Drawnel et al. describe how a calcium channel and a microRNA regulate each other to promote pathological remodeling of heart muscle.
In response to stresses such as infarction, aging, or hypertension, cardiac muscle cells grow to provide the heart with extra capacity, but this hypertrophy often results in cell death and heart failure. The inositol triphosphate receptor II (IP3RII) calcium channel is up-regulated in hypertrophic cardiac muscle. The calcium it releases from sarcoplasmic and perinuclear stores provokes cardiac arrhythmias and induces changes in gene transcription that promote cardiomyocyte growth and remodeling. How IP3RII levels are regulated is unknown, however.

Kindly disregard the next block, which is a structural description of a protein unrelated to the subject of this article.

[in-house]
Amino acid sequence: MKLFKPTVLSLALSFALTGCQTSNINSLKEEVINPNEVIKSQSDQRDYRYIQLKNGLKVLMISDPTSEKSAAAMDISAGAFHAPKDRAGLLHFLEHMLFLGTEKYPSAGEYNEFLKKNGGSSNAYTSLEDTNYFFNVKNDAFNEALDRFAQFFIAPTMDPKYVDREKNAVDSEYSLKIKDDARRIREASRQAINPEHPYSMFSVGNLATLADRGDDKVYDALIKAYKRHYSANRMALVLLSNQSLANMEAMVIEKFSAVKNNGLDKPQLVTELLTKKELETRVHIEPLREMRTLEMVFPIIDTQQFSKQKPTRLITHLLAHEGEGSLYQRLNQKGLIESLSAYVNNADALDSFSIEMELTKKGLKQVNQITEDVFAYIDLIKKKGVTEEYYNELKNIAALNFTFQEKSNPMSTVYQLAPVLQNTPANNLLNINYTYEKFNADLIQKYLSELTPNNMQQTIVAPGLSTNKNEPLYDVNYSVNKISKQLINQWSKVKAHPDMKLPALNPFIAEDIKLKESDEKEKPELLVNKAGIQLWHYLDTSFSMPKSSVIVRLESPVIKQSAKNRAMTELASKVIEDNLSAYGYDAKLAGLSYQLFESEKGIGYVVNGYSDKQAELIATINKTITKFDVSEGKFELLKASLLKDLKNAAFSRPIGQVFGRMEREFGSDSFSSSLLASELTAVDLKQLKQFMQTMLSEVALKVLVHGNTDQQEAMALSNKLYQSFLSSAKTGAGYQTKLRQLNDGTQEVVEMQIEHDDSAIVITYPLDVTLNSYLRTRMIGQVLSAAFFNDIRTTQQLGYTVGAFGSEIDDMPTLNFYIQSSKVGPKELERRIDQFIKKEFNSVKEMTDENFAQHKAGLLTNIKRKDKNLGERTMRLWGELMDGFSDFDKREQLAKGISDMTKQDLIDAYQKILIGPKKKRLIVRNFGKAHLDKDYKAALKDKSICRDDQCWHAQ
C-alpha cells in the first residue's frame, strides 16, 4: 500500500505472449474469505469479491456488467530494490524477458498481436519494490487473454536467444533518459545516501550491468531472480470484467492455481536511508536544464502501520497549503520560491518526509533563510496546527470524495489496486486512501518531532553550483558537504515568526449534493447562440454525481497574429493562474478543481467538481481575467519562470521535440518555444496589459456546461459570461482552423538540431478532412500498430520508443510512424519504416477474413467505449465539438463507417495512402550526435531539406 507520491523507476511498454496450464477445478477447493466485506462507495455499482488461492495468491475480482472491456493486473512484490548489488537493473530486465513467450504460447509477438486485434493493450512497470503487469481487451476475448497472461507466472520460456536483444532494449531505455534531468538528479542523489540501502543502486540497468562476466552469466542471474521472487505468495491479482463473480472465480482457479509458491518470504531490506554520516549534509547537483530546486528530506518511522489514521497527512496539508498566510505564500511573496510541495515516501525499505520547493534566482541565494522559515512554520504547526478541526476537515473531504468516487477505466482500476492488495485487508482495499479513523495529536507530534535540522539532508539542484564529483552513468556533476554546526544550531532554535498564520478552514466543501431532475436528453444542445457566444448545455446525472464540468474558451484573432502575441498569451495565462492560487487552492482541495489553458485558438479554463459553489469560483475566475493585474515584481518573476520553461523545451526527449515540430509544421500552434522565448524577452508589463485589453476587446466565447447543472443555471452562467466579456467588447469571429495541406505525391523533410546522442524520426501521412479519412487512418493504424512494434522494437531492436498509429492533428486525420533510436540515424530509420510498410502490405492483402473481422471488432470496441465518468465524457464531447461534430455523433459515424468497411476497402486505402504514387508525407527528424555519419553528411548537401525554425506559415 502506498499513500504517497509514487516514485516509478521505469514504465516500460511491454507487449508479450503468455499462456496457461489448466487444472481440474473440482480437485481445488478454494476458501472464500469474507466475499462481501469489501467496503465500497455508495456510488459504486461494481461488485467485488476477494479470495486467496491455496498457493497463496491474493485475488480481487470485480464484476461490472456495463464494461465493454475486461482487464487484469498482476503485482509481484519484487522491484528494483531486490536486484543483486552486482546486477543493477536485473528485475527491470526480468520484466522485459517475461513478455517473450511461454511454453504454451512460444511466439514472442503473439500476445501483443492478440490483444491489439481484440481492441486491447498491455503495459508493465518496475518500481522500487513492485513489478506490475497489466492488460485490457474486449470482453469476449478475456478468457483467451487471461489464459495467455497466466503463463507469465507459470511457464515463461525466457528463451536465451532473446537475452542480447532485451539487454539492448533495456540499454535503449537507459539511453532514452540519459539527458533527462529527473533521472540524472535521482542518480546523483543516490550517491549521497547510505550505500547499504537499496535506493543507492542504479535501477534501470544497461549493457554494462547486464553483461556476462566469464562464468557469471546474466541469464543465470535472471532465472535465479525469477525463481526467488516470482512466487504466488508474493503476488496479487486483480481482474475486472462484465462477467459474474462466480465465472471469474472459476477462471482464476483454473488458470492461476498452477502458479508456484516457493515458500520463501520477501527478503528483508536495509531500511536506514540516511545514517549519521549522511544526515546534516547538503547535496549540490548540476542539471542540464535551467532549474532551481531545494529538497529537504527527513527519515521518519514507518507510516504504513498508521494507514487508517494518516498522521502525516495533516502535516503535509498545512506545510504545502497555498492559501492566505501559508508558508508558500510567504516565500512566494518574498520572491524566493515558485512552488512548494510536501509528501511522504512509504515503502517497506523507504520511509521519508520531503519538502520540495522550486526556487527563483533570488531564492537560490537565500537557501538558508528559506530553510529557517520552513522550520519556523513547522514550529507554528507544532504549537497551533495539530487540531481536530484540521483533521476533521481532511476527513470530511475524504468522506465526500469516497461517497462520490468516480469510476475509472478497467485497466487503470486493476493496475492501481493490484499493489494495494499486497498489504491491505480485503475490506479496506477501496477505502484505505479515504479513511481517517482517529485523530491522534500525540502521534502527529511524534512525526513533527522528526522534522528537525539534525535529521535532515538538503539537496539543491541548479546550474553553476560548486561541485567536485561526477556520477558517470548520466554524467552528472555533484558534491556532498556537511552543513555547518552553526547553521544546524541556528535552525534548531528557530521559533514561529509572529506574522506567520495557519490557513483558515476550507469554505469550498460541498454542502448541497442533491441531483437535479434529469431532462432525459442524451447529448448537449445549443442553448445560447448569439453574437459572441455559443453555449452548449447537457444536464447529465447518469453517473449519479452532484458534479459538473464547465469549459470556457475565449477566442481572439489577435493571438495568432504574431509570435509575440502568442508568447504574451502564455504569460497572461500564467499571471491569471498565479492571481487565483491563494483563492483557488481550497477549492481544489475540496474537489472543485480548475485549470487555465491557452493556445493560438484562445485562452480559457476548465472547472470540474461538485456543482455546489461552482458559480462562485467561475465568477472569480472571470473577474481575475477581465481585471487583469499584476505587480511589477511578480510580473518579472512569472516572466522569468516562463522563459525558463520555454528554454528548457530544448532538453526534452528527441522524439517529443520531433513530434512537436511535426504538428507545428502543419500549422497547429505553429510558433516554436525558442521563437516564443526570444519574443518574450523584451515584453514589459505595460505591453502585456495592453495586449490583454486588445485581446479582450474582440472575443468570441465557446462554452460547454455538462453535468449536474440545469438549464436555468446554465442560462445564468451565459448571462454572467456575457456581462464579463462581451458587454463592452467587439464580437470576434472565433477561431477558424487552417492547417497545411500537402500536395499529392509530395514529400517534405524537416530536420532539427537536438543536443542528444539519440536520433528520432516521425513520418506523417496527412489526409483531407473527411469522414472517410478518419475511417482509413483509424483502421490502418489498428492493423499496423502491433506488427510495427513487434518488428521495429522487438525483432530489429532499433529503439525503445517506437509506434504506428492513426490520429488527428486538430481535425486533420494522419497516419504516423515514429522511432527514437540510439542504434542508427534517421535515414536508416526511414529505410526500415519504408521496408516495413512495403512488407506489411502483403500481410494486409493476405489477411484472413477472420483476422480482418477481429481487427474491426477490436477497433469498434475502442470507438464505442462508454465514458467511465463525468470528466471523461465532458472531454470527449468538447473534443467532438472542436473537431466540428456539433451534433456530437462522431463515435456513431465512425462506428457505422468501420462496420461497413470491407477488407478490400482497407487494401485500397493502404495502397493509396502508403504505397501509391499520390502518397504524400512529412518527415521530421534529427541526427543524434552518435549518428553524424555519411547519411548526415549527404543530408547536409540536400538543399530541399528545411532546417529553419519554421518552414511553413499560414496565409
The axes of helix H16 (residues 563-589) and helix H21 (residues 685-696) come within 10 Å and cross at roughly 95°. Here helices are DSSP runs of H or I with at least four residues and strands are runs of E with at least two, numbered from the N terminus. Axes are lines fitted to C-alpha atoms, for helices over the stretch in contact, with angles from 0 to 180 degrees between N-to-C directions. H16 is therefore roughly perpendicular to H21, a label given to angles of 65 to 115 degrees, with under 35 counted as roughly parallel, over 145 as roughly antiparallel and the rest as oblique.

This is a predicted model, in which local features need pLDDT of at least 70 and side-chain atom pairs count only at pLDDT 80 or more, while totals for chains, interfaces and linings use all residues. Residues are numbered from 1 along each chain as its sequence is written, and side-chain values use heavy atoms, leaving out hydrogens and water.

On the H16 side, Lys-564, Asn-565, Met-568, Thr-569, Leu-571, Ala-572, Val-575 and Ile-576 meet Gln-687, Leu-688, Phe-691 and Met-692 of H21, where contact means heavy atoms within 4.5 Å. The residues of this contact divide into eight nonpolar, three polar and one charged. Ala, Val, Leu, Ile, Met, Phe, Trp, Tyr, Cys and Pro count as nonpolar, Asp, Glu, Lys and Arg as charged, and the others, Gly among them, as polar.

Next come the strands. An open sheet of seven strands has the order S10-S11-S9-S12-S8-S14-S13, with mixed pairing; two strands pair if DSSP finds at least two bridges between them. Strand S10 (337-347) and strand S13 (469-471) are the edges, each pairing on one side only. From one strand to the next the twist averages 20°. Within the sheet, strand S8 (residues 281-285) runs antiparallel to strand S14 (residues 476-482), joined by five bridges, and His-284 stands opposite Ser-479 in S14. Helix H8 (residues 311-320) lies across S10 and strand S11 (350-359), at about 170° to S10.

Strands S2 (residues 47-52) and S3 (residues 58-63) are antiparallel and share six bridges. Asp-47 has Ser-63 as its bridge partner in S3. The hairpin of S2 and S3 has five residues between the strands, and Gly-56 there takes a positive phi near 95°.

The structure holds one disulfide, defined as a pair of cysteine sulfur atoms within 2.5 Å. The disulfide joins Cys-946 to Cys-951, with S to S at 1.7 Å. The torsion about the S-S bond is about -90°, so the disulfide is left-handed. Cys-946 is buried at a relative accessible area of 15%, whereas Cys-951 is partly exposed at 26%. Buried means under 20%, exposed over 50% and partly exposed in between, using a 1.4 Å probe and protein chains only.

Drawnel et al. found that IP3RII’s expression was normally restricted by miR-133a, a microRNA whose levels decrease during hypertrophy to permit cardiac remodeling. Blocking the interaction between miR-133a and IP3RII mRNA increased the channel’s expression and induced hypertrophy in cardiomyocytes. The researchers then investigated what triggers miR-133a’s down-regulation during hypertrophy and found that the calcium released through IP3RII itself was required to switch off miR-133a transcription. Blocking IP3-induced calcium release prevented miR-133a’s repression in response to hypertrophic stimuli, thereby inhibiting IP3RII up-regulation.
IP3RII therefore initiates a positive feedback loop to promote its own expression and drive cardiac hypertrophy. The authors now want to investigate how calcium signaling represses miR-133a; their initial results suggest that calcium release converts the transcription factor SRF into an inhibitor of miR-133a expression.
Text by Ben Short